SALT LAKE CITY — The NBA looks to be headed to the courtroom after players rejected the owners' latest offer, disbanded their union and took legal action with two antitrust lawsuits.
Whenever each side's lawyers finish their showdowns, owners and players will eventually need to resume negotiations for a new collective bargaining agreement.
Which raises the question: What scenario is best for the Utah Jazz?
Jazz CEO Greg Miller turned down an interview request because NBA team management and employees have been forbidden to talk about lockout-related issues by commissioner David Stern.
But one former team executive shared his three best-case post-lockout scenarios for the Jazz.
A hard salary cap
This, according to ex-Jazz vice president of marketing Eric Schulz, "will force the 'haves' to compete on a level playing field with the have-nots."
The financial advantage of being in a big market allows those privileged teams to not bat an eyelash at paying luxury tax fees.
Real Salt Lake owner Dave Checketts, the ex-Knicks president, agrees.
"More owners are wanting to lock in on a hard cap, and then they can prosper instead of just surviving. The Jazz can prosper under a new agreement," Checketts said. "I believe if they push that percentage to 50 or below (for BRI), it will really help teams like the Jazz and allow them to prosper."
Ultimately, Checketts added, "I think the target the NBA wants is 47 percent (for players). I think that's where the NBA would like to be."
Checketts, who's currently a consultant for the Detroit Pistons, doesn't see a doomsday scenario for the Jazz if at least a 50-50 BRI split is achieved, but he said other teams are in peril. He believes owners who've lost 60-70 percent of their wealth are determined to "stand and fight until they fix the whole model."
Added Checketts: "I've been in four or five of these things with the players association and I've never seen the owners take such a strident position. A really, really strident position. I don't think it's David's natural style, so he's getting pressured by the owners who want this repaired. They recognize they'll never be able to get their investments back if it doesn't get repaired."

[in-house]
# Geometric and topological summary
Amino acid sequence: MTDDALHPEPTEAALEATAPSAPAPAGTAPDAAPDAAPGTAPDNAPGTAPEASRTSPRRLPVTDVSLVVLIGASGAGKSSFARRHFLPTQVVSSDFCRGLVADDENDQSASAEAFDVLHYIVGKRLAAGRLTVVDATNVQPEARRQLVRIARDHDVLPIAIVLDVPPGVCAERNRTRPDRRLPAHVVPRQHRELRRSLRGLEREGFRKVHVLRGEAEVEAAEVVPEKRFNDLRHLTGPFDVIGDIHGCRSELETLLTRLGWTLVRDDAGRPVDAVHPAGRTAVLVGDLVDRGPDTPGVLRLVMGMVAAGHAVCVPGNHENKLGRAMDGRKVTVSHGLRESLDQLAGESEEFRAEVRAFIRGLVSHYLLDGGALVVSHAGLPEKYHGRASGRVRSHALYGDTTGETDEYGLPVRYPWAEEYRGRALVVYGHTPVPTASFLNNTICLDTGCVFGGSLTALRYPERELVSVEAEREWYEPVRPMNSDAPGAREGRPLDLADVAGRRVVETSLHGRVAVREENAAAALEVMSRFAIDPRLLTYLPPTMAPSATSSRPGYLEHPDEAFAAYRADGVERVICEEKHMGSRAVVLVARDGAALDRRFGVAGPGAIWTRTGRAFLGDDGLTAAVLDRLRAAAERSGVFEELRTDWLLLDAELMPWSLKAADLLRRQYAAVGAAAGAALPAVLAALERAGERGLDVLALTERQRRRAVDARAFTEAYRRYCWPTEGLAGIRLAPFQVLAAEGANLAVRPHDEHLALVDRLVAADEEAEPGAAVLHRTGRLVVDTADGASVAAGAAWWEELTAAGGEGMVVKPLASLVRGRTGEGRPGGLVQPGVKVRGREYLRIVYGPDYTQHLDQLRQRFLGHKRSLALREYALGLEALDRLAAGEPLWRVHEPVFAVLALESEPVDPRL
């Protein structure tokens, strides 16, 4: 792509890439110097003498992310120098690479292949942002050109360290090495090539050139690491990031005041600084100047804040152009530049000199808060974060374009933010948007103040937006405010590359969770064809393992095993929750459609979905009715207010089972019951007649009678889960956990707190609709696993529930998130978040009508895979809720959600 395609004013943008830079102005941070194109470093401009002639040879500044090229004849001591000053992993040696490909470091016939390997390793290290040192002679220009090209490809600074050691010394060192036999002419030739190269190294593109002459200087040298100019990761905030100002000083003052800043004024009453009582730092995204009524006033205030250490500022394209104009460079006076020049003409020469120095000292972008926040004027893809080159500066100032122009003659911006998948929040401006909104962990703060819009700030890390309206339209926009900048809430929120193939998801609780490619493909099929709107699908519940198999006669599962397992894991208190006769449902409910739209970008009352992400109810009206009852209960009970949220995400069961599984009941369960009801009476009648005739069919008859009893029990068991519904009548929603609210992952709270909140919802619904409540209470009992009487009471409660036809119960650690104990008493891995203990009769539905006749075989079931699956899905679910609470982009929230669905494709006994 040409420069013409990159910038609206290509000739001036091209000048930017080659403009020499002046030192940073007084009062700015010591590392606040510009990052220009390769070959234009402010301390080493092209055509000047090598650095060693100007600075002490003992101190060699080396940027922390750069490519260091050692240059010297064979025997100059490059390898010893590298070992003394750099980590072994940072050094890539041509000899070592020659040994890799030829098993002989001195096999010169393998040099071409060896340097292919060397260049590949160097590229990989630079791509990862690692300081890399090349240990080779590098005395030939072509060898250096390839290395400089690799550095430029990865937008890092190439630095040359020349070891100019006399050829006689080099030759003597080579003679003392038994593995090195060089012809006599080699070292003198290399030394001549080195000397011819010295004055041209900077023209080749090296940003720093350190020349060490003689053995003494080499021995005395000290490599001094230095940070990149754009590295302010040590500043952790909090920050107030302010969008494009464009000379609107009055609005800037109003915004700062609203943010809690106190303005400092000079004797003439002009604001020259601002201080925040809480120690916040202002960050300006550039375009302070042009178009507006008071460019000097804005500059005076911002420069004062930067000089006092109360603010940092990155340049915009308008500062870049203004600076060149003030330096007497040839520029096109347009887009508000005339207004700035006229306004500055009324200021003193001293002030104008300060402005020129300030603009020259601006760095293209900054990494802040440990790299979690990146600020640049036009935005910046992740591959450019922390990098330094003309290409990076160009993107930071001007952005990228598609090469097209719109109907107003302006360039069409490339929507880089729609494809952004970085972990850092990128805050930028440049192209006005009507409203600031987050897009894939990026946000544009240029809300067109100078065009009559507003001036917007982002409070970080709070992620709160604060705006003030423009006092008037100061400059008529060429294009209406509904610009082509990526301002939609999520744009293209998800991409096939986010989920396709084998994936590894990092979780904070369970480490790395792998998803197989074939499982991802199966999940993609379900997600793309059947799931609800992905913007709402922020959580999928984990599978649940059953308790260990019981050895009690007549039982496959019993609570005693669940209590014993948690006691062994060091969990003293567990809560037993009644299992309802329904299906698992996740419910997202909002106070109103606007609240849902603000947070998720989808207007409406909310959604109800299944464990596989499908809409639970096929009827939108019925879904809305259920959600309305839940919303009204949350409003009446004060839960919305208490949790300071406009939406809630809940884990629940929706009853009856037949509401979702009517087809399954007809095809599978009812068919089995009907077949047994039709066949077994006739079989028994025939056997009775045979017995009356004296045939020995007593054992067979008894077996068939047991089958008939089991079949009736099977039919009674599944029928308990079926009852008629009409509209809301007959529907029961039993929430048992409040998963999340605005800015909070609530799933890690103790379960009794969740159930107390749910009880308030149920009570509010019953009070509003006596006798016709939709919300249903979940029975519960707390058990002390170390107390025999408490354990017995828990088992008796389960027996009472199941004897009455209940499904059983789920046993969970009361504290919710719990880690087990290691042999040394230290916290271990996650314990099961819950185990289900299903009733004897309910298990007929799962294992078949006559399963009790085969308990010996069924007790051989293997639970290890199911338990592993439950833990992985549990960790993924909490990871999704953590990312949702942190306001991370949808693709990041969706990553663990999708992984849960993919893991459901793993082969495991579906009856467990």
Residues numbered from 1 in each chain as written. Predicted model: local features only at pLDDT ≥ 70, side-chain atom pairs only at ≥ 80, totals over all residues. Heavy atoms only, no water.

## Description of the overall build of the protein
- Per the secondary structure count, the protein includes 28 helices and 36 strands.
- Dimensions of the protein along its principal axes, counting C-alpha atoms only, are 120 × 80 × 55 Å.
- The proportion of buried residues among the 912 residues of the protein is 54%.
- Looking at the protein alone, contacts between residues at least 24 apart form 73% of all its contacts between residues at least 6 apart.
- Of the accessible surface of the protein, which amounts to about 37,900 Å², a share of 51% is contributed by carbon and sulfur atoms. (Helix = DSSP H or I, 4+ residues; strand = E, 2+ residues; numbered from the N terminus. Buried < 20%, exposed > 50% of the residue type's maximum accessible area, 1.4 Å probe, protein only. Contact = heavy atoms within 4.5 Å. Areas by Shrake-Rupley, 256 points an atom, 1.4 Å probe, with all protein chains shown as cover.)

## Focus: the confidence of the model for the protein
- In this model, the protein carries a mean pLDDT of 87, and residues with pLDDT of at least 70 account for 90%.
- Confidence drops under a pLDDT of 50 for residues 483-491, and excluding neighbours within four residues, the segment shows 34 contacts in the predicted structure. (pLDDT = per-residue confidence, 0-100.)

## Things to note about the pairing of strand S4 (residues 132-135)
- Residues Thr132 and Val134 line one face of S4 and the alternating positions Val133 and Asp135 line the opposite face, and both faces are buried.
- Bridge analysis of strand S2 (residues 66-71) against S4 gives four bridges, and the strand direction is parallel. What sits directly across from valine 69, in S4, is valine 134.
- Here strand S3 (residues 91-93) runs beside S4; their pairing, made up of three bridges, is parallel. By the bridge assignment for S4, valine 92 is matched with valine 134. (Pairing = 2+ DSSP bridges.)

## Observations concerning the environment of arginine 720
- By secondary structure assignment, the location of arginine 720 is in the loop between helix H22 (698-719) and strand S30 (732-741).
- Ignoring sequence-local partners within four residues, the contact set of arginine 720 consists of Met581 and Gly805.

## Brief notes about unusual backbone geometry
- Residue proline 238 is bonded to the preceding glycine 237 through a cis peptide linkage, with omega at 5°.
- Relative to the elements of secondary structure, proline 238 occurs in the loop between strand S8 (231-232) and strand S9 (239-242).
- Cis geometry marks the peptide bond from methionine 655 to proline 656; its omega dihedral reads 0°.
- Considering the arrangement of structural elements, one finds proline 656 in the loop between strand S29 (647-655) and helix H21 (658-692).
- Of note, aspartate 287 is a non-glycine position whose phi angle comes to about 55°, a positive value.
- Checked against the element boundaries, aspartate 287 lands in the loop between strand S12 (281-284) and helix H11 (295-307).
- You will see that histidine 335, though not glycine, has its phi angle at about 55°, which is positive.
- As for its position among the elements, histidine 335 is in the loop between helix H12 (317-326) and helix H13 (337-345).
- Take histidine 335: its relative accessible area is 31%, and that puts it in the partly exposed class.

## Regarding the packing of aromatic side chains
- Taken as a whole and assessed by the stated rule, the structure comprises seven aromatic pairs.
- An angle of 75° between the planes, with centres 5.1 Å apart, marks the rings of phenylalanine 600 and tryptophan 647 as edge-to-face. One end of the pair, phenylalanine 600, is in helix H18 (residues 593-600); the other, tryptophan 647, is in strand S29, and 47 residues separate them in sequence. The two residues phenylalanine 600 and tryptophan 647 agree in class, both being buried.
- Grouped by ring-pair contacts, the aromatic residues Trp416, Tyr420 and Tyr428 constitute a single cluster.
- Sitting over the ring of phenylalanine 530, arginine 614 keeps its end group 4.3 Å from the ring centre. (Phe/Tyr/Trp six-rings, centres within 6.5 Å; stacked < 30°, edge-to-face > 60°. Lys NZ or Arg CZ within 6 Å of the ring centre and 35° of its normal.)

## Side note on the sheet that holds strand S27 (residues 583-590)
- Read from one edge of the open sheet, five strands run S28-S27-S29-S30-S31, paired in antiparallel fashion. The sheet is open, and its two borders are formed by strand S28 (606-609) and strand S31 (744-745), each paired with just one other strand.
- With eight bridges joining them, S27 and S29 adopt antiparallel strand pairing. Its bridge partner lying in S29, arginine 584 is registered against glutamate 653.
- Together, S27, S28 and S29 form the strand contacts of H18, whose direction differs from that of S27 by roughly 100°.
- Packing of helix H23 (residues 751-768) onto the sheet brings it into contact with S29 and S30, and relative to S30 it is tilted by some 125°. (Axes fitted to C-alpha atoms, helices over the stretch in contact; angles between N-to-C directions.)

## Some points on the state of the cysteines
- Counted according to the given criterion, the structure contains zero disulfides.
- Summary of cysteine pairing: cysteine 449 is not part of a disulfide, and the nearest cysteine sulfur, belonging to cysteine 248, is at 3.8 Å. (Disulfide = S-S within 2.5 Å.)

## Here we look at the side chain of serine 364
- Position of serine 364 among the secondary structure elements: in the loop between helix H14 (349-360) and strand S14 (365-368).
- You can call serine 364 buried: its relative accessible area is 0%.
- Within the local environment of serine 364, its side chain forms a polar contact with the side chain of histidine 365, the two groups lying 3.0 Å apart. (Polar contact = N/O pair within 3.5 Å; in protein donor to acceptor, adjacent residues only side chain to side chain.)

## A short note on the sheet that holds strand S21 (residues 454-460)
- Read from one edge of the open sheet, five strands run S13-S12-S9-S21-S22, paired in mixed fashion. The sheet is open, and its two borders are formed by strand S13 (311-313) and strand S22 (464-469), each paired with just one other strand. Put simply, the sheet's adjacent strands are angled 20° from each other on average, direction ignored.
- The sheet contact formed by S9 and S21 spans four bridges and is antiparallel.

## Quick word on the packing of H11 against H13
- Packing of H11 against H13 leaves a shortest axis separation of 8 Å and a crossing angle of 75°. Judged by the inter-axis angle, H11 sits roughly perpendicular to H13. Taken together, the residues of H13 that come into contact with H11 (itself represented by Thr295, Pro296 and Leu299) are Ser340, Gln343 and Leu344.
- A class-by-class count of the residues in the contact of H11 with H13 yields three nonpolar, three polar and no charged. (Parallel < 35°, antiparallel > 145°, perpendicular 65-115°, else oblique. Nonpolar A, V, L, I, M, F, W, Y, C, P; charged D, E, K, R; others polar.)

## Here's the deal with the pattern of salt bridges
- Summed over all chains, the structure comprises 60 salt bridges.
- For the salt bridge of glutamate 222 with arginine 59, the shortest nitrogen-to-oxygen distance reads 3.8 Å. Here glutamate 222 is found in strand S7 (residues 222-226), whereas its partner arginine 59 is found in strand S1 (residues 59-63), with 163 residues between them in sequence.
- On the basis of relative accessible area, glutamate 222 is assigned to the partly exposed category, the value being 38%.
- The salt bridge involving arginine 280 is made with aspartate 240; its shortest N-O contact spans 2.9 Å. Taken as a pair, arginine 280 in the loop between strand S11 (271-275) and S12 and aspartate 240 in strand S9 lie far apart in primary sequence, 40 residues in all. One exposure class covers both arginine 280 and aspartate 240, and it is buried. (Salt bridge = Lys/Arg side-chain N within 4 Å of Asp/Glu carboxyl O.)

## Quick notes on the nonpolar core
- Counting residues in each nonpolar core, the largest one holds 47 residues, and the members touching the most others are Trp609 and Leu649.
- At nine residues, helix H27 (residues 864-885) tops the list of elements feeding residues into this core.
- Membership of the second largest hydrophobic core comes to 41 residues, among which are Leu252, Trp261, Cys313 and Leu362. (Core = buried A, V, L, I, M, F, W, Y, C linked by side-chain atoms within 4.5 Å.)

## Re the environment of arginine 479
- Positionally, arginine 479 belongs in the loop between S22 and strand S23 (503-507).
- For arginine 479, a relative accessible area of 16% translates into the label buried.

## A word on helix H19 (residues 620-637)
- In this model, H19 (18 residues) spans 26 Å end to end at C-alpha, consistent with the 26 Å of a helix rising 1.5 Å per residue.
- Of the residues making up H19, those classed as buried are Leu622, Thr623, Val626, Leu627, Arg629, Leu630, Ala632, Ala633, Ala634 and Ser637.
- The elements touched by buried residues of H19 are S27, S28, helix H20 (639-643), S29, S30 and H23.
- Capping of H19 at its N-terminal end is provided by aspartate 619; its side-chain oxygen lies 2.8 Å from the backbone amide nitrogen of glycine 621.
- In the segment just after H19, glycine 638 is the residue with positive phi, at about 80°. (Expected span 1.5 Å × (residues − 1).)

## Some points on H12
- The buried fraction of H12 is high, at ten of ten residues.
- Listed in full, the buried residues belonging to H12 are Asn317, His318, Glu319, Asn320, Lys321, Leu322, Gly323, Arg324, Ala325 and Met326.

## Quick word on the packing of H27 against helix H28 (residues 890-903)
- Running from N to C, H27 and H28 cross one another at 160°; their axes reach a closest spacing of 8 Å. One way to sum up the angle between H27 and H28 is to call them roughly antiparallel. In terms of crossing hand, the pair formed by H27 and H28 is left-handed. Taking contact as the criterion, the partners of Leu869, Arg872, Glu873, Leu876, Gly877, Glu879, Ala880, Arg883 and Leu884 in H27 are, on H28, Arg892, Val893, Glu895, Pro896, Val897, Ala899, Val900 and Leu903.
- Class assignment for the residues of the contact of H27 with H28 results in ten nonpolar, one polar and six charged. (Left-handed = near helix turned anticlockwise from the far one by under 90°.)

Late Jazz owner Larry H. Miller vowed to never pay luxury taxes, but the Jazz finally surpassed the threshold in 2009-10, doling out $3.1 million while missing out on a $3.7 million check for non-taxpayers. The fee was a couple million dollars higher for 2010-11.
The Lakers, meanwhile, paid $110.4 million last season, including $20 million for luxury fees.
"If you look at the teams with the highest payrolls," Schulz said, "they consistently are the teams in the Conference Finals, NBA Finals."
The last five NBA champions, in fact, paid luxury taxes.
The Jazz were a painful exception last year. They had the fifth-highest payroll and paid taxes but didn't make the playoffs.
Increased revenue sharing
The NBA, Schulz explained, has two revenue sharing mechanisms: 1) luxury tax monies equally redistributed to non-taxed teams; and 2) a pool of money small-market teams can earn based on a complicated formula using "performance and effort" criteria from sales and marketing.
"If the team is deemed to have done all they can do in these areas, they receive a portion of the pool," Schulz said. "But it's a relatively small amount, 1 (million) to 2 million dollars on average."
Small-market teams want to mimic the NFL's revenue-sharing model, Schulz said. This would allow teams to keep revenue from premium seating (e.g. luxury boxes and "Hollywood courtside seats") and local sponsorships, but the rest of ticket sales earnings would be shared equally as a league.
Another desire of small-market teams is to benefit from TV and radio rights the bigger-market teams cash in on. The Lakers' reported $3 billion TV deal compared to the Jazz's $240 million contract is a prime example of the divide.
Franchise player designations
The trend of star players forming super teams (see: L.A., Boston and Miami) is "a slippery slope" for the NBA, Schulz believes. That's why some owners want to be able to attach a franchise player tag on a player similar to the NFL, forcing high-profile guys like LeBron James or Deron Williams to remain with their current teams.
"Under the current system, the good ol' days of Karl (Malone) and John (Stockton) playing for a Utah team their entire career is never going to happen again," Schulz said. "Small-market teams will constantly be in rebuilding mode, unable to compete."
Schulz cited what happened with Deron Williams and the Jazz as Exhibit No. 1.
Utah re-signed Williams to a max contract after his rookie deal, but the team then felt forced to trade him due to the risk that he might walk away when his contract allowed.
And the worst-case scenario for the Jazz?
Schulz's two-fold answer: Keeping a variation of the luxury tax and not increasing the owners' share of BRI to at least 50 percent. (Players earned up to 57 percent of BRI in the previous CBA.)
"As long as the big-market teams can buy their advantage, the Utahs of the world will never be able to compete," Schulz said. "Sure, they may have a one-year blip, but nothing sustainable. Money always wins in the NBA."
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